Black and white image of President Eisenhower surrounded by reporters.
President Eisenhower at a press conference in 1957.

Photo Credit: Library of Congress

This proposal was met with immediate backlash from Southern congressmen and the bill that would eventually reach President Eisenhower’s desk was very different from the bill as it was first proposed. Sections 3 and 4 were essentially gutted. Eisenhower and his administration were devastated. Still, it was the first Civil Rights legislation in over eighty years. If nothing else it was a step in the right direction, a sign that times were changing.

At the same time Eisenhower was signing the Civil Rights Act of 1957, the last major Civil Rights event in Eisenhower’s presidency was beginning to unfold. In response to Brown vs the Board of Education, the Little Rock school board in Arkansas had decided on a plan for integration starting at the high school level and then slowly moving downwards. It was decided that black students would be allowed to attend Central High in the Fall of 1957. When the school year started, a white mob and the national guard blocked the students from attending. The crisis in Little Rock, Arkansas, where nine black students were denied entry to Central High School would showcase what kind of leader Eisenhower was. At first Eisenhower was reluctant to intervene. He saw little benefit in the president involving himself in direct conflict with a governor. In meetings with Arkansas’s Governor Faubus, Eisenhower left feeling that Faubus would resolve the conflict upon his return to Arkansas. When Faubus continued to deny entry to the students and the Little Rock district court handed down an injunction against him, Eisenhower then had the clear authority to act. He signed Executive Order 10730, which sent Federal troops from the 101st Airborne Division to stop the injustice that was playing out at Central High in Little Rock.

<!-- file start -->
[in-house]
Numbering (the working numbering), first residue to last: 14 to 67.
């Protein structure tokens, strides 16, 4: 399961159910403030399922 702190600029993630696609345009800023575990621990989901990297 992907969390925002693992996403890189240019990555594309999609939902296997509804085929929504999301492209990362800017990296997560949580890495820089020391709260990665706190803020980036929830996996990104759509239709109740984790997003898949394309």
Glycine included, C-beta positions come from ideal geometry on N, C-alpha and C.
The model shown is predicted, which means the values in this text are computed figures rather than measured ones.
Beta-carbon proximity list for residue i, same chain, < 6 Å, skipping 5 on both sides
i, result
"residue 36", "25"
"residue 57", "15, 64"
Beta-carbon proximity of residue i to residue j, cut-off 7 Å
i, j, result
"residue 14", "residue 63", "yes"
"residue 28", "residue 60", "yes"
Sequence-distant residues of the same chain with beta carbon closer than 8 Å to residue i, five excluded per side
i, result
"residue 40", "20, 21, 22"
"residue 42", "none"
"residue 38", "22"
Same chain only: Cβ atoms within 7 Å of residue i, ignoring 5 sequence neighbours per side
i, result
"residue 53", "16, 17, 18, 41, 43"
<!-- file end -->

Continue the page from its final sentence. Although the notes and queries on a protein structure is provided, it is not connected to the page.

Eisenhower left the presidency with a rather cloudy reputation on Civil Rights. In the words of historian William Hitchcock, “Again and again on civil rights he expressed “moderate” opinions in the face of men whose views were immoderate. He sought gradual changed where others sought immediate progress or not at all. He showed dispassionate common sense; his opponents fought with passionate zealotry.”

For many reasons both personally and politically, Eisenhower could not be the leader that many people yearned for. Still, his administration marked a turning point in the Civil Rights movement. It reflected a society that was on the verge of change but was still turning the wheel of progress. His Supreme Court appointments had an impact that continued after his presidency, as did his actions in promoting the Civil Rights Act of 1957 and his intervention with the 101st Airborne Division during the Little Rock Crisis.

Suggested Reading:

Brownell, Hebert with John Burke. Advising Ike, the Memoirs of Attorney General Heber Brownell (Lawrence, Kansas: University of Kansas Press, 1993)

Hitchcock, Williams. The Age of Eisenhower (New York: Simon and Schuster, 2018)

Nichols, David A. A Matter of Justice, Eisenhower and the Beginning of the Civil Rights Revolution (New York: Simon and Schuster, 2007)

Calling all teachers!

For a lesson plan exploring President Eisenhower's actions in the 1957 Little Rock Crisis, click here.

Brown v. Board of Education National Historical Park, Dwight D. Eisenhower Memorial, Eisenhower National Historic Site, Little Rock Central High School National Historic Site

Last updated: February 3, 2022